At the age of 17, Ross went to Chicago and began studying painting at the American Academy of Art, the school where his mother had studied, and where Salvador Dali became a big influence, for his vivid imagination and a hyper-realistic quality. It was at the Academy that Ross hit on the idea of painting his own comic books. After three years at the American Academy, Ross graduated and took a job at an advertising agency. Meanwhile, Marvel Comics editor Kurt Busiek had seen Alex’s work and suggested the two men collaborate on a story. Those plans came to fruition in 1993 with Marvels, a graphic novel that took a realistic look at Marvel superheroes by presenting them from the point-of-view of an ordinary man. The book landed Ross his first serious media exposure, and got him the attention of the fans, as well. Ross followed Marvels up with Kingdom Come, a futuristic story for DC Comics about a minister who must intercede in a superhero Civil War. It was a visual feast, filled with surprise cameos, in-jokes and a main character based on Ross’ father, allowing Ross to publicly acknowledge his family’s influence.
Having established himself creatively and financially with superhero projects, Ross turned to the real world with Uncle Sam, a 96-page story that took a hard look at the dark side of American history. Ross’ recent works have celebrated the 60th anniversaries of Superman, Batman, Captain Marvel and Wonder Woman with fully painted, tabloid-sized books, depicting each of these characters using their powers to inspire humanity as well as help them. In recent years, Ross has applied his artistic skills to outside projects with comic book roots, including a limited-edition promotional poster for the 2002 Academy Awards. A number of items created especially for the Warner Bros. Studio Stores – including lithographs, collector’s plates and even a canvas painting of Superman – made him the best-selling artist in the chain’s history.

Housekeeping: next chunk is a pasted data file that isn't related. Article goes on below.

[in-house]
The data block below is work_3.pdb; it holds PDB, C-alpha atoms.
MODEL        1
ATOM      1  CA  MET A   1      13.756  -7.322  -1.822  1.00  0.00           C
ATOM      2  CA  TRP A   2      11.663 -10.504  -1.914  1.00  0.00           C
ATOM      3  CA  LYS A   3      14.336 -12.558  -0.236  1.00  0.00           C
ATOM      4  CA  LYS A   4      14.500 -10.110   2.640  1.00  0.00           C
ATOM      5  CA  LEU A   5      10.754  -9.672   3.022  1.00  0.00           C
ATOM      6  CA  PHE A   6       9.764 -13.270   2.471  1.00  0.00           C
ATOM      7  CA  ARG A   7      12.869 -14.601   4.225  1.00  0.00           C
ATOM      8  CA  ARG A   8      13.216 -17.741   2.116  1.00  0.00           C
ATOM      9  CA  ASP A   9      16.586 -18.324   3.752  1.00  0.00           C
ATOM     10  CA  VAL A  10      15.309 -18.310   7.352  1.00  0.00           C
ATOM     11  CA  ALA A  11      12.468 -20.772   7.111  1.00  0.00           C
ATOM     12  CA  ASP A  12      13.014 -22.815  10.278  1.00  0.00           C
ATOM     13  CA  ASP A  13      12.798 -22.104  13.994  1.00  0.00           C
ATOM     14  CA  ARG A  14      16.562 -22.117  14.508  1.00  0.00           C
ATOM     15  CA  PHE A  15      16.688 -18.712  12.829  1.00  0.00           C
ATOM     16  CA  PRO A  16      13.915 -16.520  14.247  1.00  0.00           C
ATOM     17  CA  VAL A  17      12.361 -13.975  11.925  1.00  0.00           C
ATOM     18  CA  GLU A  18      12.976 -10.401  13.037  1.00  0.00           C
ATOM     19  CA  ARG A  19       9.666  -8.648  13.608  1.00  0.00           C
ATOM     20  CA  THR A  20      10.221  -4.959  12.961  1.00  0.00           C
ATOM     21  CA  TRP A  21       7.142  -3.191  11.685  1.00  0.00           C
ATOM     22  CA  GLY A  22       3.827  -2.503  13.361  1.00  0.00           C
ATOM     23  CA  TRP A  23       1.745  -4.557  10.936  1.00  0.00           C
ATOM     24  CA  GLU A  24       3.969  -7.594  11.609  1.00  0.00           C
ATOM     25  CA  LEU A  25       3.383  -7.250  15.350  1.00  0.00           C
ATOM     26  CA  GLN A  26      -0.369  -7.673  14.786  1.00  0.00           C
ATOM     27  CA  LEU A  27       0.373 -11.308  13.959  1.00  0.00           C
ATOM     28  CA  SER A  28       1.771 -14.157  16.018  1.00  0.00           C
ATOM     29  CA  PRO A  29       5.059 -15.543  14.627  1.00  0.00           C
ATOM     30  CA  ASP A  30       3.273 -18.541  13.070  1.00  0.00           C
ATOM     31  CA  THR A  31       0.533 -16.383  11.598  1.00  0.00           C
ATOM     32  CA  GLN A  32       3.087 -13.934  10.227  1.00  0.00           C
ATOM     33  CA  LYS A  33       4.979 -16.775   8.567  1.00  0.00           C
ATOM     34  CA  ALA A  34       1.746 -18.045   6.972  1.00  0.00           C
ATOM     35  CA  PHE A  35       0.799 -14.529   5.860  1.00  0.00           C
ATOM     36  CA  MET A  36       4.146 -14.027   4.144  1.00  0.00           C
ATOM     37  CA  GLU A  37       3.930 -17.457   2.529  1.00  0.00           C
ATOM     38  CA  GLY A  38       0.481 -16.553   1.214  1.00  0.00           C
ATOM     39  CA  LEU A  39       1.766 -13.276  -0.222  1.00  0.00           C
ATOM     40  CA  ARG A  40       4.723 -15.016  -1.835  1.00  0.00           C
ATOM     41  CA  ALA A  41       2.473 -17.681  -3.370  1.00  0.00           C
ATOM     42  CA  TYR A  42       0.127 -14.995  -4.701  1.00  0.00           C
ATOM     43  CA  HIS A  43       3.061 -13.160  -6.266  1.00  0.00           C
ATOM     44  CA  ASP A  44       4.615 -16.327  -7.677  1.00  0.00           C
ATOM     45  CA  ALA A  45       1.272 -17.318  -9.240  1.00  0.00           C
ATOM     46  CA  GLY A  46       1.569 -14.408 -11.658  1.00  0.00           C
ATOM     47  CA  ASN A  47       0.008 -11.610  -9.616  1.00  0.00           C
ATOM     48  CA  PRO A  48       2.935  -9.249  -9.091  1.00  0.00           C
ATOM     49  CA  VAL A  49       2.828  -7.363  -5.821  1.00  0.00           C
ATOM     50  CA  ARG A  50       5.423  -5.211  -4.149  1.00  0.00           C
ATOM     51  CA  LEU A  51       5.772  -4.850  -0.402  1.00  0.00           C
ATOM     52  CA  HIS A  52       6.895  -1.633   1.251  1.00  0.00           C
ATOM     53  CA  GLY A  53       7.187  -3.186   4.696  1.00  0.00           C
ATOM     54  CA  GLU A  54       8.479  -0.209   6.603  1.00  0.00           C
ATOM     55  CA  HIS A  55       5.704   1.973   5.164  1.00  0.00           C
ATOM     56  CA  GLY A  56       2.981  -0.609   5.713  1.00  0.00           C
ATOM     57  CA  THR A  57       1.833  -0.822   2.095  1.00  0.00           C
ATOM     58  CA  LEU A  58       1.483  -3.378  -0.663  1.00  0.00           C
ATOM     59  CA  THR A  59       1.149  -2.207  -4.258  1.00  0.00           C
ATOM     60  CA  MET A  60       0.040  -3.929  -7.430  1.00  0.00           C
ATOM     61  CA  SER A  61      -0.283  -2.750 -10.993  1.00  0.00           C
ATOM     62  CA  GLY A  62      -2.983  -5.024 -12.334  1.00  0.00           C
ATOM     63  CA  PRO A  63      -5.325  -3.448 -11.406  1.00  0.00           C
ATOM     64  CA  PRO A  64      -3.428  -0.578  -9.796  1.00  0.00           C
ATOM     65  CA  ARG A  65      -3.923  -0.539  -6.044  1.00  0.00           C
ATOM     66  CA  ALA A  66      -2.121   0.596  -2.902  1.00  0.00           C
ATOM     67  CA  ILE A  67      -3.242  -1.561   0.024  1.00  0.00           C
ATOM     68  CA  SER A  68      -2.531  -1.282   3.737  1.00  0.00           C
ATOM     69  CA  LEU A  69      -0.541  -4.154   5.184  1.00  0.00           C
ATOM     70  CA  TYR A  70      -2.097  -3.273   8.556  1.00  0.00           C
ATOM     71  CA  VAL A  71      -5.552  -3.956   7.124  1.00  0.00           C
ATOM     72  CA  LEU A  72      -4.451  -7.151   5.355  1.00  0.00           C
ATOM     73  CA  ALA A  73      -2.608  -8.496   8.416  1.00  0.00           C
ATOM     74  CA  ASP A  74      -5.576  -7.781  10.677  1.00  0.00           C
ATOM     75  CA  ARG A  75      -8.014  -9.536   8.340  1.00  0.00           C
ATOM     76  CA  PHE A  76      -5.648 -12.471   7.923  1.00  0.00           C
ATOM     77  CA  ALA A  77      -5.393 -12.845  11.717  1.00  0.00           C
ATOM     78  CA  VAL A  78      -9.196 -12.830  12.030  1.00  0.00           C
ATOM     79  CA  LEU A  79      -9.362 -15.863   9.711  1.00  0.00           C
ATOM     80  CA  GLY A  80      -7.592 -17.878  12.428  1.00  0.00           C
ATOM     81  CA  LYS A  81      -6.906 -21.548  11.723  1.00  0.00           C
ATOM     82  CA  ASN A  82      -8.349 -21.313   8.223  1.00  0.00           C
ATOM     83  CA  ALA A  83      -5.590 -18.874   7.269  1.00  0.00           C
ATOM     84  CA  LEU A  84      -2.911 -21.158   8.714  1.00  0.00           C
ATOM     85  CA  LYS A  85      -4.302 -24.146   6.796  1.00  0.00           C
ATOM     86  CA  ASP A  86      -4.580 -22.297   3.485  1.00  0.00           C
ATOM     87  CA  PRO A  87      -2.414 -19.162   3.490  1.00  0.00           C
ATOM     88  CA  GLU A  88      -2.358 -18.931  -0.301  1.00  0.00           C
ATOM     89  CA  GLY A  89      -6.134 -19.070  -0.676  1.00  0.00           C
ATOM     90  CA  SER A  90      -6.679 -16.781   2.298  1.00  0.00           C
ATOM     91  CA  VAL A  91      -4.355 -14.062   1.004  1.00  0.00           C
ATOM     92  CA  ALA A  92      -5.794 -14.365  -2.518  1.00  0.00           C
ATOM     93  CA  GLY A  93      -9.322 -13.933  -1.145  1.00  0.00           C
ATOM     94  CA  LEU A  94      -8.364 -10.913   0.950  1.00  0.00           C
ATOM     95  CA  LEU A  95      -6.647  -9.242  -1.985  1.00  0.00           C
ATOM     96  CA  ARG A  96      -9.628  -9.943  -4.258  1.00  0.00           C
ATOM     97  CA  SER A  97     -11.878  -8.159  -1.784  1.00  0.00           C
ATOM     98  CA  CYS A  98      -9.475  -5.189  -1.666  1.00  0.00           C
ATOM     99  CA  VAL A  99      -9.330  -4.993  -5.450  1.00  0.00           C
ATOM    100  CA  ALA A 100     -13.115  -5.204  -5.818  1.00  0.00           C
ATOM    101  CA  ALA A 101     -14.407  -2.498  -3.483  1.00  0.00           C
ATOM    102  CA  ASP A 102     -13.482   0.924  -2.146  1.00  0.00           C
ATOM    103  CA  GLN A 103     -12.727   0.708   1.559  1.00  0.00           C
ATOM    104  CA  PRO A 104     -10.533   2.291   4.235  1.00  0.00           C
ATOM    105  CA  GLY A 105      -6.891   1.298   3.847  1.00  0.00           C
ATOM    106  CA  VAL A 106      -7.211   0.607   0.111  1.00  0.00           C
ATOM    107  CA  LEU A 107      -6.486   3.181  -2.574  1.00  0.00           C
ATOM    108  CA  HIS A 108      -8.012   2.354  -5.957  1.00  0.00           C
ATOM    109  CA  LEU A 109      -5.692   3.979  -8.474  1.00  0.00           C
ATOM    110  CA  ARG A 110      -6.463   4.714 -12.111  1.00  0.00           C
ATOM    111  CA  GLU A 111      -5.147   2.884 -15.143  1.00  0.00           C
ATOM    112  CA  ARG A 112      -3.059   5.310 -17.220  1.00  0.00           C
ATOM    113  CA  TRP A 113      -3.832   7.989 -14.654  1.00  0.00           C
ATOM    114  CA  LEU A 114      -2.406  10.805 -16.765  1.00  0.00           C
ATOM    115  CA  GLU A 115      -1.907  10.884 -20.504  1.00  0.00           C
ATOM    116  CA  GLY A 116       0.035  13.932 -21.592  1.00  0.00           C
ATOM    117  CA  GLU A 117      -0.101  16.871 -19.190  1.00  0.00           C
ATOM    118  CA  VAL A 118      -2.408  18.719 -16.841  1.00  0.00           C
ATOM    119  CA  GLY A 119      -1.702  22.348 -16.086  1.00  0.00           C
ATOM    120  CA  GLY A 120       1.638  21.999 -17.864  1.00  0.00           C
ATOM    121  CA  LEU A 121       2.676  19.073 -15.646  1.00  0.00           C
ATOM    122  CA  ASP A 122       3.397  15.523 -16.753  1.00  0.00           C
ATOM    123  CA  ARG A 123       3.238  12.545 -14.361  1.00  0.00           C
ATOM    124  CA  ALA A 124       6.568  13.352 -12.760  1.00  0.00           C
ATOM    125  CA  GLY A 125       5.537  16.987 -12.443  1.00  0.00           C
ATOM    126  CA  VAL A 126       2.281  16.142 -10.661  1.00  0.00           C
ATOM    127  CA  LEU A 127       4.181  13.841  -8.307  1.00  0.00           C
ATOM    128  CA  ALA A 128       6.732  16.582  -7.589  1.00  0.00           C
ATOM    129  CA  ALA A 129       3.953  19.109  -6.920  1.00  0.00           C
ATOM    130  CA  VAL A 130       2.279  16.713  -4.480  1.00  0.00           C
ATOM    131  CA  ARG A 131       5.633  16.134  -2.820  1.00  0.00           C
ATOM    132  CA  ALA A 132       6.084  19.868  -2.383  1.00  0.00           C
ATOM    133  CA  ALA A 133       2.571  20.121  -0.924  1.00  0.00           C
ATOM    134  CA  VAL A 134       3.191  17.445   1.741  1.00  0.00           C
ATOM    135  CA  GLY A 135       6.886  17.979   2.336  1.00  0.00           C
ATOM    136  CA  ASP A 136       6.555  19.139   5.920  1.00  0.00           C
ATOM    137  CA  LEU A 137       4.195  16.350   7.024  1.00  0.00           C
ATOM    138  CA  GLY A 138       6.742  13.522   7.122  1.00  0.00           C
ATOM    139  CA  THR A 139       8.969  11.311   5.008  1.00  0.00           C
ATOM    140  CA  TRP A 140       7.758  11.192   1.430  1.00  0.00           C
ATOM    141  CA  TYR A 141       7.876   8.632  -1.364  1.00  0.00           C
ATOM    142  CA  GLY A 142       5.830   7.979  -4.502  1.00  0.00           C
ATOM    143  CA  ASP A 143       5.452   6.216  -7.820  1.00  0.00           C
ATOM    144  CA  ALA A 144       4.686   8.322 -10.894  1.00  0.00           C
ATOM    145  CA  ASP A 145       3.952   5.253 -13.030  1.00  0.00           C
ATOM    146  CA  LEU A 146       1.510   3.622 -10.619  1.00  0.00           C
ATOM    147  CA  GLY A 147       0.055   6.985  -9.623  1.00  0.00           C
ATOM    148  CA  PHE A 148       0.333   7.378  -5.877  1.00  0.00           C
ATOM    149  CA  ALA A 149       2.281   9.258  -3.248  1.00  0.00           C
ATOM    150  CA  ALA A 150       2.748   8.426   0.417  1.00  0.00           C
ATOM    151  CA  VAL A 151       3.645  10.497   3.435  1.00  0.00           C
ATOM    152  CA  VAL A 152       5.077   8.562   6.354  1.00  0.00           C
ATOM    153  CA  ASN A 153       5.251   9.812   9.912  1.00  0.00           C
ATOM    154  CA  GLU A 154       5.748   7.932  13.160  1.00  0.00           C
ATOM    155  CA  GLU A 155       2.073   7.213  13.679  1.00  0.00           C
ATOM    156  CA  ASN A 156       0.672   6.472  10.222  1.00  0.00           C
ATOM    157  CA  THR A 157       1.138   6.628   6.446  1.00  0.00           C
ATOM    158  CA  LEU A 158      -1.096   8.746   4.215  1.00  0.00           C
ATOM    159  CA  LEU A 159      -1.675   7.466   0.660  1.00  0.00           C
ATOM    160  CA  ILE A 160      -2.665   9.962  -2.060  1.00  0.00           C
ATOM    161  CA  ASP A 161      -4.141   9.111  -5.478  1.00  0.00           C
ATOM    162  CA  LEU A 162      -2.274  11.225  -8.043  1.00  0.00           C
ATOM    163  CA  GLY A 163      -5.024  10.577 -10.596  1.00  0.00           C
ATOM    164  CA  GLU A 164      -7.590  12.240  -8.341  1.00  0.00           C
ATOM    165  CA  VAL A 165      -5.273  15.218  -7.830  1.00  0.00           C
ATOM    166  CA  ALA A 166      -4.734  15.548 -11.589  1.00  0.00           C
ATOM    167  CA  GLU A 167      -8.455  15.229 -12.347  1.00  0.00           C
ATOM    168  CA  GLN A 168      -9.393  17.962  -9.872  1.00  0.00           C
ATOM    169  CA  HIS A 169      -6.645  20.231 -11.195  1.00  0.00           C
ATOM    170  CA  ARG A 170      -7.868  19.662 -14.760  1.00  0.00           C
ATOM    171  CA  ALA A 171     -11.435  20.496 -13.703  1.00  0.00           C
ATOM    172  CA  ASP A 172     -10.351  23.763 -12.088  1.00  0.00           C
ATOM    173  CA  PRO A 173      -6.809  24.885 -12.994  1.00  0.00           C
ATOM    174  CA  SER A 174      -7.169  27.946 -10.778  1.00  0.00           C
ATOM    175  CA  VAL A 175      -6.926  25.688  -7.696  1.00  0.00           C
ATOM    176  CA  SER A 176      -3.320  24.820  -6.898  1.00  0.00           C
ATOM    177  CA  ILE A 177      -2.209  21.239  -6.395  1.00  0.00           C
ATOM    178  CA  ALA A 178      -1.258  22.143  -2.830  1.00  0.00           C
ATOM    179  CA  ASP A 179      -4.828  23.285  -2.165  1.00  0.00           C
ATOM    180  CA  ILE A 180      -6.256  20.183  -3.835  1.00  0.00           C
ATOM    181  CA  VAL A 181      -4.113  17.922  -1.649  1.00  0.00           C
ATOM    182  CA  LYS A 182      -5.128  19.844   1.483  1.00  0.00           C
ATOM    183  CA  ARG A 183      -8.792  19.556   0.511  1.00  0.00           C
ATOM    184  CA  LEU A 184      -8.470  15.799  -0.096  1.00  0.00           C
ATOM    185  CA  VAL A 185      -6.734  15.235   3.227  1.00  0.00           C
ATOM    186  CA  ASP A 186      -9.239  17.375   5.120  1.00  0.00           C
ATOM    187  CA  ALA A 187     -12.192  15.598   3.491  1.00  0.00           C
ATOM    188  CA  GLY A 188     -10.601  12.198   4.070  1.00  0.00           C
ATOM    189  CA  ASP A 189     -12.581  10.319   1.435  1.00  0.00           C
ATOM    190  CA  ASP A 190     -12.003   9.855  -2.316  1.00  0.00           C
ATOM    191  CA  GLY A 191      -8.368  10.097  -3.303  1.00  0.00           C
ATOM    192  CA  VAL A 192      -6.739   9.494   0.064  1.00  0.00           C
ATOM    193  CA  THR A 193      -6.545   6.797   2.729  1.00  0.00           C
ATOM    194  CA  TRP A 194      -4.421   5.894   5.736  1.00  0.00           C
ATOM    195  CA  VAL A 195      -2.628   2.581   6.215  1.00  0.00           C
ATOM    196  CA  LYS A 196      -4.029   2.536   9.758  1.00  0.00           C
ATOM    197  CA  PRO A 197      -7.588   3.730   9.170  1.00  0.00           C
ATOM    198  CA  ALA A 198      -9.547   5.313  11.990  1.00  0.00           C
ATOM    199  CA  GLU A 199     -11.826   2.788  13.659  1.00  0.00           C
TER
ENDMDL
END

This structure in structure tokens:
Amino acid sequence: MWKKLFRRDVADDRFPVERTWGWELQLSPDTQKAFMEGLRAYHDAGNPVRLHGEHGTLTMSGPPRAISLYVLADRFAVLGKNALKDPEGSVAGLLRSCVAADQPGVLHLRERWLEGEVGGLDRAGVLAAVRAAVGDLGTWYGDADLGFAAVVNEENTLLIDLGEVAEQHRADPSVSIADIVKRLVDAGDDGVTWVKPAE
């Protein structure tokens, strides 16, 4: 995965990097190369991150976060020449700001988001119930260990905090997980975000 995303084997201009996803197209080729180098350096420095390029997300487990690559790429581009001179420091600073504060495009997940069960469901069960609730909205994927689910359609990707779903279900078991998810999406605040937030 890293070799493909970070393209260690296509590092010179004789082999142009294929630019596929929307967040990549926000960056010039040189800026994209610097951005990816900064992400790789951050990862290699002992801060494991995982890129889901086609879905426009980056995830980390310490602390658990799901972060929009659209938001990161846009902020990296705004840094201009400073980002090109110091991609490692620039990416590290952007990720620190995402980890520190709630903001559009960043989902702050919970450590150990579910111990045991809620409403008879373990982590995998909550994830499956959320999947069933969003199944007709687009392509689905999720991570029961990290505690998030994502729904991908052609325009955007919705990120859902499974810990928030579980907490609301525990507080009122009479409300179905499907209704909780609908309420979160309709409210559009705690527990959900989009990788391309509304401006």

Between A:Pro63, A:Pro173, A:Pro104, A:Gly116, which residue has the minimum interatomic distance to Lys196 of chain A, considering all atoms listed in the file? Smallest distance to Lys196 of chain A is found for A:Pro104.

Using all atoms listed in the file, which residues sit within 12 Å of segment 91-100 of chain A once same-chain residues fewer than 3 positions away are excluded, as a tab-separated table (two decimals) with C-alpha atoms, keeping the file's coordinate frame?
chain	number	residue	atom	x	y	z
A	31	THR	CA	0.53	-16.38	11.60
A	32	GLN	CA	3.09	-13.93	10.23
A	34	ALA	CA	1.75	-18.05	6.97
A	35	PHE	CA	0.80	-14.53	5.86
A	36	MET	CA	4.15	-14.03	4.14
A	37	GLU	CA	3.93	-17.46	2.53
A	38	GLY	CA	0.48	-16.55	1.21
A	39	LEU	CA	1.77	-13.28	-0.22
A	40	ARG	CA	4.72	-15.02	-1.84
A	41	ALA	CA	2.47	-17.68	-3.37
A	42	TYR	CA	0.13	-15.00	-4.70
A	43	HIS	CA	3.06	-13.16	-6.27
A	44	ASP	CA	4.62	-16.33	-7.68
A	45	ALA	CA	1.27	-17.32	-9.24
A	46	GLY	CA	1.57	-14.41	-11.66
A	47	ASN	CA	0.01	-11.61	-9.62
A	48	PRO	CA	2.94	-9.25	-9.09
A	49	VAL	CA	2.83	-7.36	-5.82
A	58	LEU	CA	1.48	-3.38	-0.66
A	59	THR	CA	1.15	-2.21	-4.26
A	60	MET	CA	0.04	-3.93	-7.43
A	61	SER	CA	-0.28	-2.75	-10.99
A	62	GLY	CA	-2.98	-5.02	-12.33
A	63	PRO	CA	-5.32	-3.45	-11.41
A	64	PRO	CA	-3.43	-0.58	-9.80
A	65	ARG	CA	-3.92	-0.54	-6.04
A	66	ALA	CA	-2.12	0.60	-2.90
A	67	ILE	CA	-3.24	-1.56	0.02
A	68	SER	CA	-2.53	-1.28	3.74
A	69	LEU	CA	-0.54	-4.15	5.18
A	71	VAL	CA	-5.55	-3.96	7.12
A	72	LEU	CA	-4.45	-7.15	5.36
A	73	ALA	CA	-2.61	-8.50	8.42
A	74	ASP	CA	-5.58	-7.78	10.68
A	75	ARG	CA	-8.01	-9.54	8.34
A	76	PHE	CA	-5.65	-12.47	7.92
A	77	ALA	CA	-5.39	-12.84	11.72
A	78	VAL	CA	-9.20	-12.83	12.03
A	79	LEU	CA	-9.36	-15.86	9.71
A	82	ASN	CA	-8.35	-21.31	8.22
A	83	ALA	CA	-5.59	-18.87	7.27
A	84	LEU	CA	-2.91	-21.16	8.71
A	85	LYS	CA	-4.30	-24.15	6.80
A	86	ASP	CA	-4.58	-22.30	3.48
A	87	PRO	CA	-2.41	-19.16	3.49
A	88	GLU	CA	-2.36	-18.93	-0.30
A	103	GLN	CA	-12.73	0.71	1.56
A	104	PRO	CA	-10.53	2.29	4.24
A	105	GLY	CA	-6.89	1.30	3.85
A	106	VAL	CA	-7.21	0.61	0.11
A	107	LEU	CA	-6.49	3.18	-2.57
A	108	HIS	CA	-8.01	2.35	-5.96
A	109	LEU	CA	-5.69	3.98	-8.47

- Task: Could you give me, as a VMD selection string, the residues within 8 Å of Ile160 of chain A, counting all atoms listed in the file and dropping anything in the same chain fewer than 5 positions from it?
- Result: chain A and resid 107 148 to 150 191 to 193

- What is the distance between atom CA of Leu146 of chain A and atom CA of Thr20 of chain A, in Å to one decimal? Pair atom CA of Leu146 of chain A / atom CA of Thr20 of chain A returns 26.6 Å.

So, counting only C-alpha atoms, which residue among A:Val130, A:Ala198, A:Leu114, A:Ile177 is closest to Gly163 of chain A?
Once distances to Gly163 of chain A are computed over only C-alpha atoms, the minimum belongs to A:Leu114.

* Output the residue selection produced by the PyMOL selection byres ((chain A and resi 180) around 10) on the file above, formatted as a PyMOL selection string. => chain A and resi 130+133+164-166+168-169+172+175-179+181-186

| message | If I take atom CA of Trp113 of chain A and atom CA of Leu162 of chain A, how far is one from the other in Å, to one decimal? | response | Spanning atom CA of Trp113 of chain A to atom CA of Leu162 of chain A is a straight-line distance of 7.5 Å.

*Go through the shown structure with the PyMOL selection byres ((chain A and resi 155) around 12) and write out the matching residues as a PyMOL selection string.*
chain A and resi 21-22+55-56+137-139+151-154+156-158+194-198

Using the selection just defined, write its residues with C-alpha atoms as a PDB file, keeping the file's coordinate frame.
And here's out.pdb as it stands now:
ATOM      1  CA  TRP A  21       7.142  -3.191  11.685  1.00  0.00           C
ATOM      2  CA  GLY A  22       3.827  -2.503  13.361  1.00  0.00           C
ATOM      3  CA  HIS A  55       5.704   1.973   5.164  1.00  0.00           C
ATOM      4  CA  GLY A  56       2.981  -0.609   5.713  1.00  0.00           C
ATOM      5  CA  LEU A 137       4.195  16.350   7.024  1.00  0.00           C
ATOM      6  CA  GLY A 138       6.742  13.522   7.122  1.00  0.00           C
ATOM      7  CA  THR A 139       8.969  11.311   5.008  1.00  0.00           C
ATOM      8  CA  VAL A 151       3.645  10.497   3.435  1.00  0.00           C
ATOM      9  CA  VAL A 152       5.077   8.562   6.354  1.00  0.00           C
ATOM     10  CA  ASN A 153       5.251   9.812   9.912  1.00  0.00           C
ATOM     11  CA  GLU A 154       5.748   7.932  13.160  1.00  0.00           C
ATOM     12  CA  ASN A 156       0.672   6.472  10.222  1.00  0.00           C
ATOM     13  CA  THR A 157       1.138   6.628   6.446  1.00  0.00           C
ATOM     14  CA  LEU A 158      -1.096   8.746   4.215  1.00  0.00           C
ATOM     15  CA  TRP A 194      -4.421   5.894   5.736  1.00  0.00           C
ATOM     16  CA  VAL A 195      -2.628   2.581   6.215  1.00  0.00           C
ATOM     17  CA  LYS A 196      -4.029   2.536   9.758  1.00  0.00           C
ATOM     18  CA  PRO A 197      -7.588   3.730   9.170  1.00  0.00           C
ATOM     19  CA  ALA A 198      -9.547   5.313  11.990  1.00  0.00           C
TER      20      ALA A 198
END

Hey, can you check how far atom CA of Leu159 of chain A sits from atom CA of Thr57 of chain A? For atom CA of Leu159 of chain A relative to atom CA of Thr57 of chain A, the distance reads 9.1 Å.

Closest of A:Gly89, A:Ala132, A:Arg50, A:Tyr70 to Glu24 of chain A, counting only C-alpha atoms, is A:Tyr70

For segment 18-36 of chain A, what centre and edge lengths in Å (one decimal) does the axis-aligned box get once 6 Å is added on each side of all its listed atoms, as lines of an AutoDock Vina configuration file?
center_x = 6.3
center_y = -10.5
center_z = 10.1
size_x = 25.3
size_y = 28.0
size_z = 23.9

In the fall of 2001, Ross painted a series of four interlocking covers for TV Guide (featuring characters from the WB series Smallville) and designed and sculpted a series of busts based on characters he created for the Marvel series Earth X.
In packet-switched networks such as the internet, a router is a device or software that determines the next network point to which a packet should be forwarded toward its destination. Once the next point is determined, the router forwards the data packet to that network.
Joanne “J.K.” Rowling was born on July 31, 1965, in Yate, England. A graduate of Exeter University, Rowling moved to Portugal in 1990 to teach English. There, she met and married the Portuguese journalist Jorge Arantes. The couple’s daughter Jessica was born in 1993. After her marriage ended in divorce, Rowling moved to Edinburgh with her daughter. While struggling to support Jessica and herself on welfare, Rowling worked on a book, the idea for which had reportedly occurred to her while she was traveling on a train from Manchester to London in 1990. After a number of rejections, she finally sold the book, Harry Potter and the Philosopher’s Stone (the word “Philosopher” was changed to “Sorcerer” for its publication in America), for the equivalent of about $4,000. The book, and its subsequent series, chronicled the life of Harry Potter, a young wizard, and his motley band of cohorts at the Hogwarts School of Witchcraft and Wizardry. The writer became an international literary sensation in 1999, when the first three installments of her Harry Potter series took over the top three slots of The New York Times best-seller list, after achieving similar success in her native United Kingdom. The phenomenal response to Rowling’s books culminated in July 2000, when the fourth volume in the series, Harry Potter and the Goblet of Fire, became the fastest-selling book in history.